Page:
Khimushin traveling to visit the Evenki people in his SUV. © Alexander Khimushin / The World In Faces

Alexander Khimushin – The World in Faces: Website | Facebook | Instagram

20 Incredible Images of the Olympics’ Athletes That Show What the Human Body Is Capable of

Tokyo 2020 Olympics has been the topic of the internet recently. Even though there was a delay due to Covid, a lot of athletes were in excellent shape to bring golden medals to their countries. The Tokyo 2020 Olympic Games launched on Friday 23 July with the opening ceremony, although the sporting action actually kicked off a couple of days earlier. It all comes to an end on Sunday 8 August, with the Olympics officially lasting a total of 17 days.

I can’t even imagine the joy one experiences when they have that gold medal around their neck. All the hard work, the sacrifice pay off in the best way possible. And this is not just a personal win, you’re representing a whole country that has its eyes on you in that moment of competition.

What we see on the TV are just the results of a long preparation. If the athlete wins we are proud, if they lose, we are quick to judge. However, today we want to give you the real image of what happens behind the scenes. There are a lot of things these athletes go through in order to achieve that shape and get qualified for the Olympics. Therefore, today we are bringing some of that footage that often goes unseen. Scroll down below to check it out. And let us know what you think of this year’s Olympic games.

1. Weightlifter Hidilyn Diaz became the first Olympic gold medalist for the Philippines

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2. 8 F**king times in Olympics. Take a bow

3. This was Canadian Mark McMorris 11 months ago. Today he is an Olympic Bronze medalist. Amazing.

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4. Feet from Dutch Olympic swimming champion Maarten Van der Weijden after swimming 163 km/101 mi in 55 hours to raise money for cancer research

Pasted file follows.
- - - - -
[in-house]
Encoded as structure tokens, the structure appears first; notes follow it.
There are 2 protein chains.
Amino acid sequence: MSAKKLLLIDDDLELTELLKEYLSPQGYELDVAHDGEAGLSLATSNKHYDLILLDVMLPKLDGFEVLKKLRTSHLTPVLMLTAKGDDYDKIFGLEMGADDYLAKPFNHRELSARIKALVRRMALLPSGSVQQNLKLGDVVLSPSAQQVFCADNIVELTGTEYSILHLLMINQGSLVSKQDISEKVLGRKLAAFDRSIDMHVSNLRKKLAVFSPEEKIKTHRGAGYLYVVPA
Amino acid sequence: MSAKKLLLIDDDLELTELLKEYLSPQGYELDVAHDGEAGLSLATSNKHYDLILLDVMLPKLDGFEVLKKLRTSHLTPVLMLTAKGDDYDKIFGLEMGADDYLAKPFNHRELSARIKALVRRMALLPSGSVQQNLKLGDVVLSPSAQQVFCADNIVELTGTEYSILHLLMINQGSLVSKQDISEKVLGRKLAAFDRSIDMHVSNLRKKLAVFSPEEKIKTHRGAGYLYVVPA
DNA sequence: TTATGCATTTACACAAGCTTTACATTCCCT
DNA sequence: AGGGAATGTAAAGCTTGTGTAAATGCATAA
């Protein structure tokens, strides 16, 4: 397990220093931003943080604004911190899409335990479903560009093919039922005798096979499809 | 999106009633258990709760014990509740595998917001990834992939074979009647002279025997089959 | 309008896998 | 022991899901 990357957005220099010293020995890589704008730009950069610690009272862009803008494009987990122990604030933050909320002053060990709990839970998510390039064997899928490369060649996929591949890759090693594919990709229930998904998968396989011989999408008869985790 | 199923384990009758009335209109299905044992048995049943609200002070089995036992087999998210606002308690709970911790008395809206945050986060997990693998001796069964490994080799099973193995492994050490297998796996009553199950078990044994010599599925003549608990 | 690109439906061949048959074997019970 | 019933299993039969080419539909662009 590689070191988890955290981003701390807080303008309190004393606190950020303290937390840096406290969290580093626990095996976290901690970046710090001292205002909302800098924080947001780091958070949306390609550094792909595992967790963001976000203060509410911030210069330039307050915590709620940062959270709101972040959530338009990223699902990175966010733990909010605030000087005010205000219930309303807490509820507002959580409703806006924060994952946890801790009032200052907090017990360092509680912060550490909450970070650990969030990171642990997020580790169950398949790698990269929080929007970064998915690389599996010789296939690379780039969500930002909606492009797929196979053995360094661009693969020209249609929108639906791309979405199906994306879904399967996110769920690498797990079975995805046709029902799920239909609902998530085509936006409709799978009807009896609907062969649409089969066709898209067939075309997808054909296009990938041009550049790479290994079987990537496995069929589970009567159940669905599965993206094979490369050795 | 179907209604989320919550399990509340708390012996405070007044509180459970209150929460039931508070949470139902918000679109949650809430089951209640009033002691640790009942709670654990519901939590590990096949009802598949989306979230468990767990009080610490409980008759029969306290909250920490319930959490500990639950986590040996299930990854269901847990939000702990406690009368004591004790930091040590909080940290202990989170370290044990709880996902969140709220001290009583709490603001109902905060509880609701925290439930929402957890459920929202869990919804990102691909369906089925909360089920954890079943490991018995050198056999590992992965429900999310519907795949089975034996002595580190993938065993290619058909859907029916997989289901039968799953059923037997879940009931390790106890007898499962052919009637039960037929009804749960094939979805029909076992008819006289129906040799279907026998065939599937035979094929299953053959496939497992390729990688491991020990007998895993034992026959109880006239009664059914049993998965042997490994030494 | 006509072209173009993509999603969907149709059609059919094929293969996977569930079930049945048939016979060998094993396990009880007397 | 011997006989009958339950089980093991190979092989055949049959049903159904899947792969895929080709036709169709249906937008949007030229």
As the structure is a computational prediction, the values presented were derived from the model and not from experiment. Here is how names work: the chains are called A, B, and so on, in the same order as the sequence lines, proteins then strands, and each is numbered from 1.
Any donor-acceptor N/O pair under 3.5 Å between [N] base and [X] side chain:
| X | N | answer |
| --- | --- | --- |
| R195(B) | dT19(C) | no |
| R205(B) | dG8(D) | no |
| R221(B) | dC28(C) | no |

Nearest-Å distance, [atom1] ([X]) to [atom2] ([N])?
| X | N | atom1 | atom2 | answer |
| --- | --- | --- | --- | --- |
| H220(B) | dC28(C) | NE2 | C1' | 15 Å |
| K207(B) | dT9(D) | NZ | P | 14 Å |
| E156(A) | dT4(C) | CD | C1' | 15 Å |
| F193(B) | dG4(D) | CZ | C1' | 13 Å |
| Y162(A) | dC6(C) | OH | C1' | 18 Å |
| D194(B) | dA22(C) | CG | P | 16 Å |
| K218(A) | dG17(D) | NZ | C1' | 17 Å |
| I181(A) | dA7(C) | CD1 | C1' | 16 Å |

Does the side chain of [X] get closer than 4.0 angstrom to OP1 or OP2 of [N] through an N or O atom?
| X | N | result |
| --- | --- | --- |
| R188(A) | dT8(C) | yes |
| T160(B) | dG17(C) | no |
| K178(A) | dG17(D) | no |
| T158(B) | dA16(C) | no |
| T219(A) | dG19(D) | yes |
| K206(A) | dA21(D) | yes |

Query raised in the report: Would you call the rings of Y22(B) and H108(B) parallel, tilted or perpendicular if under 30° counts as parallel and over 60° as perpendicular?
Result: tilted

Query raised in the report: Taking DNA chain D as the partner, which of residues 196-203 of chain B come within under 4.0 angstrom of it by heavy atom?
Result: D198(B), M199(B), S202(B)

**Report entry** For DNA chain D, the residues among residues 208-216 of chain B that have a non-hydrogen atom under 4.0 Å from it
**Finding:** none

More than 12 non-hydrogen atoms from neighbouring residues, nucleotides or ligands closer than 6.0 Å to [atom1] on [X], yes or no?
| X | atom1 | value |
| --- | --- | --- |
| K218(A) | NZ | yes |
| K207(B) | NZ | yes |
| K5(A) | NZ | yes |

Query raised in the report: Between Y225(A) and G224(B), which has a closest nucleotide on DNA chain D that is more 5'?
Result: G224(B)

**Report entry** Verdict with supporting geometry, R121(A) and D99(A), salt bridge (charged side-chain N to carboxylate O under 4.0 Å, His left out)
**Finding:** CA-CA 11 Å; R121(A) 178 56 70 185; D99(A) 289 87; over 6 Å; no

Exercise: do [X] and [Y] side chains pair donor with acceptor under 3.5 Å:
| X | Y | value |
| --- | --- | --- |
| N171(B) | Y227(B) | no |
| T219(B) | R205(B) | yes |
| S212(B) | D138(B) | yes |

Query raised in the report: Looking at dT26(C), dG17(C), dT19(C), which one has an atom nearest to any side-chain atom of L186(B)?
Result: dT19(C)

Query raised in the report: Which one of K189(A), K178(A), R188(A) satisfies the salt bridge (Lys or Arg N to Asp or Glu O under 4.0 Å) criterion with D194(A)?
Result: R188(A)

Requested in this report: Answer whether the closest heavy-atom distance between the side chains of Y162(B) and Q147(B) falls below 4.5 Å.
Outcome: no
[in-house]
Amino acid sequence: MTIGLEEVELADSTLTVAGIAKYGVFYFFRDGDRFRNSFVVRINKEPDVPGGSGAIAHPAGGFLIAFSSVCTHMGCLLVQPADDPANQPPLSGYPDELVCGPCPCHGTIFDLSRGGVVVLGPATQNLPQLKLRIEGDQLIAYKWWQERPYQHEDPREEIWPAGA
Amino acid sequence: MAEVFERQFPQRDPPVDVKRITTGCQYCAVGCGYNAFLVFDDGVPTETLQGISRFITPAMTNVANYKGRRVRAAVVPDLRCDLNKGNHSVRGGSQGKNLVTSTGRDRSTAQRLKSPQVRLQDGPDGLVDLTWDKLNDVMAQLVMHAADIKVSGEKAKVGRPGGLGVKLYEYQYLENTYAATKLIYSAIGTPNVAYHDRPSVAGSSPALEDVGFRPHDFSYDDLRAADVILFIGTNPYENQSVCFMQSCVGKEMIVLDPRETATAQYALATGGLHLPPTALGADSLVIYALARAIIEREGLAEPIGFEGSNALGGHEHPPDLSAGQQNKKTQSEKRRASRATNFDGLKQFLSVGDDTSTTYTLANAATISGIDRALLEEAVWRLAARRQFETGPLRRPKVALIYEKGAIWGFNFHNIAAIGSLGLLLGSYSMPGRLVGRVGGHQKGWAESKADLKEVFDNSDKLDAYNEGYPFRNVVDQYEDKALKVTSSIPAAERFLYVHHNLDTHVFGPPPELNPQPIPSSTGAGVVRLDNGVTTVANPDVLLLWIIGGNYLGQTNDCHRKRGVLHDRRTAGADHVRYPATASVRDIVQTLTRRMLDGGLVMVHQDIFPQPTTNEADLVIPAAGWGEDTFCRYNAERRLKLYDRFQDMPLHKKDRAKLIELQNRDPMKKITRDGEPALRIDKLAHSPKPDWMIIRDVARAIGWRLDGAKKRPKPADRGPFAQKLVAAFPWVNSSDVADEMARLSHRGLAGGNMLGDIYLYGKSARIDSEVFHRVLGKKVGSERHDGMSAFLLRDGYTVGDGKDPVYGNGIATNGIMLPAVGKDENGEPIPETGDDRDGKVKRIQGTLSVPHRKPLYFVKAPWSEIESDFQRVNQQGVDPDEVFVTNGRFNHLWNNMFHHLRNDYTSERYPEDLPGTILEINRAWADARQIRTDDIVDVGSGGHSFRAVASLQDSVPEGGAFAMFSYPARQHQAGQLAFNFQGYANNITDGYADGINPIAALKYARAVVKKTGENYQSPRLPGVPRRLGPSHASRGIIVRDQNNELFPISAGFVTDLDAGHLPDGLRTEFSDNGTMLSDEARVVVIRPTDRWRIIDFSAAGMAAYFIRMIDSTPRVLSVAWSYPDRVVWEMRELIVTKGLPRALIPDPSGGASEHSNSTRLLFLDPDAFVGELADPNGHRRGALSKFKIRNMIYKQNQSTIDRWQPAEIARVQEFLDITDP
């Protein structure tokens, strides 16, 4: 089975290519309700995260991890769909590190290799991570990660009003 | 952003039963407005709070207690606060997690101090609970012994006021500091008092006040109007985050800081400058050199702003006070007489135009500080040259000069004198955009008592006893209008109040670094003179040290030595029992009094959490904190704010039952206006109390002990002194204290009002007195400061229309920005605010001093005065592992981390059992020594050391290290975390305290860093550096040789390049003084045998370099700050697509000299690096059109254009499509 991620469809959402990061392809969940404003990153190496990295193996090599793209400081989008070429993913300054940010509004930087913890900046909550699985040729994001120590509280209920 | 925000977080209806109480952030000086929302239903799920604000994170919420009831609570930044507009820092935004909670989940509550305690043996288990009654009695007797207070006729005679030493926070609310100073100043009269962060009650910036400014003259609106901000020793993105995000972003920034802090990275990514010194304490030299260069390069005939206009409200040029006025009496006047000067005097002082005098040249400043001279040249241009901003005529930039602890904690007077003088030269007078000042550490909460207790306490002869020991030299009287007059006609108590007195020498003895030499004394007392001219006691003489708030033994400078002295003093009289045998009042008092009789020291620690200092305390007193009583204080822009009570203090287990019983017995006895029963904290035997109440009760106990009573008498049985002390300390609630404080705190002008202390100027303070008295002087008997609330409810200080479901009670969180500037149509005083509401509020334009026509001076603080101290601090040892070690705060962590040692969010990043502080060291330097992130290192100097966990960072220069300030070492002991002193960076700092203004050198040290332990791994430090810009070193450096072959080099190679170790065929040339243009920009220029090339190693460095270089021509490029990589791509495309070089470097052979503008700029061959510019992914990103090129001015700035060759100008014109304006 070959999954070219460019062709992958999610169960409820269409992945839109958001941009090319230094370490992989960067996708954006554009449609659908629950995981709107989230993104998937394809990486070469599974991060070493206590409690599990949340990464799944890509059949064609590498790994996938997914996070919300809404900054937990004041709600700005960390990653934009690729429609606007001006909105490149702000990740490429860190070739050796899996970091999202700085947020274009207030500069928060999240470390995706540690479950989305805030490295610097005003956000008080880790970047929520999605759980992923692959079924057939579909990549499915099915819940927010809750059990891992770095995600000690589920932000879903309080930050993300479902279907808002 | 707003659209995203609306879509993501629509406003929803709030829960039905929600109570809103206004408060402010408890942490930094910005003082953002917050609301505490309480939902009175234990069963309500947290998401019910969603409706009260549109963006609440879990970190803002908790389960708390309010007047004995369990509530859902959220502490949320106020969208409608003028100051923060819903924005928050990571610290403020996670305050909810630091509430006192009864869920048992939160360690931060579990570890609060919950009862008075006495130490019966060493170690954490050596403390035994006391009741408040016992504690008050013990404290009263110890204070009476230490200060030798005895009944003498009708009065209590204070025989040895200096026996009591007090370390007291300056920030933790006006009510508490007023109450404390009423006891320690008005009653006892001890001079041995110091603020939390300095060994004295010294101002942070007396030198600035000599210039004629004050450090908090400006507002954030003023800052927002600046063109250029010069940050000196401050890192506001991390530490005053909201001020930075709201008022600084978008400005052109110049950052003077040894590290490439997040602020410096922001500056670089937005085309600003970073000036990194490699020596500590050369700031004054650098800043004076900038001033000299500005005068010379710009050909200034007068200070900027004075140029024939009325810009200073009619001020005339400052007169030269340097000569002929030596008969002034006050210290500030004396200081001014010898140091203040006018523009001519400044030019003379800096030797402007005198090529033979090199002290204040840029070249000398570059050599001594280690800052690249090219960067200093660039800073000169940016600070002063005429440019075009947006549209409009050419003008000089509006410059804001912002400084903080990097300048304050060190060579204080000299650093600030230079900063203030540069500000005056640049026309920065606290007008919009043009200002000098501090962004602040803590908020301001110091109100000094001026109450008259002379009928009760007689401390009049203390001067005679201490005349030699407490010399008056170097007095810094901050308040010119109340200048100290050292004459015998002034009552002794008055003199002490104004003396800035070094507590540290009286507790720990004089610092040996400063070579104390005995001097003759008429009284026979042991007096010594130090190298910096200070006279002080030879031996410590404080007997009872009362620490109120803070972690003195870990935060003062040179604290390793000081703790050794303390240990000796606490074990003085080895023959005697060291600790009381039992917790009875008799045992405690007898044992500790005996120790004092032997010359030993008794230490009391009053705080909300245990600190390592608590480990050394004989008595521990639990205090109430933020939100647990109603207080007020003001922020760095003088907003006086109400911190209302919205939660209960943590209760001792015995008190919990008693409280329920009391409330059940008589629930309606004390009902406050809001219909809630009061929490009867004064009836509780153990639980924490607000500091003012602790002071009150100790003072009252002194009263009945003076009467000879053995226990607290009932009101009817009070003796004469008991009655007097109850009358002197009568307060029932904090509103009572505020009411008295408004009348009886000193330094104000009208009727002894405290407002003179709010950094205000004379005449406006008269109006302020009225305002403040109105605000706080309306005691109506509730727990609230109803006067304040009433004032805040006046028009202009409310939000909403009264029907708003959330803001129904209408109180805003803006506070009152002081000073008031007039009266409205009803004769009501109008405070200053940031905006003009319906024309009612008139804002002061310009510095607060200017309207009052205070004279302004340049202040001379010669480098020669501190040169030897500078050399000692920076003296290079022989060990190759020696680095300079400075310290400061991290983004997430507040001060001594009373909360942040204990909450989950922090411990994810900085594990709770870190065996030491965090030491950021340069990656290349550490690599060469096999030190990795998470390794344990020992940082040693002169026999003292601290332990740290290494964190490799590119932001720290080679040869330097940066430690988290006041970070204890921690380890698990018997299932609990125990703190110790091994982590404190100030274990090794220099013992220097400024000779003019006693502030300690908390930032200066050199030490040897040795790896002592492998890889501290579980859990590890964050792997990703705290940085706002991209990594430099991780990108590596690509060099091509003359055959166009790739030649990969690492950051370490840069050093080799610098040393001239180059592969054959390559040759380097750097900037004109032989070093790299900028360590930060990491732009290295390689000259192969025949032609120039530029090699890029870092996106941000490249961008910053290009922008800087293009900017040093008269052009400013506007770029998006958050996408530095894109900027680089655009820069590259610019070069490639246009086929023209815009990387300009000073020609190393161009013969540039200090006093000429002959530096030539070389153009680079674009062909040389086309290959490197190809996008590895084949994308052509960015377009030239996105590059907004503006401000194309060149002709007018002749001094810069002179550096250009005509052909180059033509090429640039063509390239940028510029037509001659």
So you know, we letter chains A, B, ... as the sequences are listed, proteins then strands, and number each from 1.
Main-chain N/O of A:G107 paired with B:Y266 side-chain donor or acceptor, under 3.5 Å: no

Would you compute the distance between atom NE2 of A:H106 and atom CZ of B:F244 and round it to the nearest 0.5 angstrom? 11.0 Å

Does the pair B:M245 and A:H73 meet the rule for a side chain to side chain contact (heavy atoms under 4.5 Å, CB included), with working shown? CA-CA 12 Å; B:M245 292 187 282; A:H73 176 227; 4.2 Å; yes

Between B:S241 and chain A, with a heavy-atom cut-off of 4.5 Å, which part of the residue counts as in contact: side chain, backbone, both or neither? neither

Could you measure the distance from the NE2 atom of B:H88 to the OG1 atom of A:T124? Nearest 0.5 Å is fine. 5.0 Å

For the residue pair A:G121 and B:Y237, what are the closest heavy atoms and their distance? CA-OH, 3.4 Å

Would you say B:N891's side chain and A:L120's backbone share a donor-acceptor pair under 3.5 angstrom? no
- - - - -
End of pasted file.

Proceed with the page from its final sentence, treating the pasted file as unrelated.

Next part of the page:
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5. After sixteen stages in Tour de France I think my legs look little tired

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6. In 2009 J.R. Celski sliced through his entire left quadriceps with his right skate blade at the U.S. Olympic trials

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My first major sports injury happened at the 2010 U.S. Short Track Speed Skating Olympic Trials. It was the competition I had to do well at in order to secure a spot on my first Olympic team. The fall happened in one of the last races of the competition, the 500 meters, known for absolute top speed. I fell in the corner and put the front six inches of my blade straight into my quad. I bounced off the pads with the blade still in my leg, looked down, and had to pull it out myself because of the awkward position that I was in.

I completely severed the VMO “teardrop muscle” and luckily barely missed the femoral artery which might’ve been the end. It was one of the most difficult things I’ve ever gone through, especially because in the moments after, I started realizing that I might not be able to achieve the goal I set out for in the first place. If not for the people around me including my family, friends, and medical staff, I wouldn’t have been able to get back on my feet, especially in time to go to the Olympics and win two medals.

7. The Difference Between Gold and Silver in the 15km mass start Biathlon

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8. I Was Born With A Condition: Pectus Excavatum. Which I Know Sounds Like A Harry Potter Spell. My Deformity Began Appearing Around Age 10

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My name is Cody Miller. I am not a typical Olympic swimmer. Like most sports the taller you are the better… Most swimmers are incredibly tall, well above 6ft… I’m 5’11 and only weigh 170lbs. More often than not, I’m the smallest person in the pool.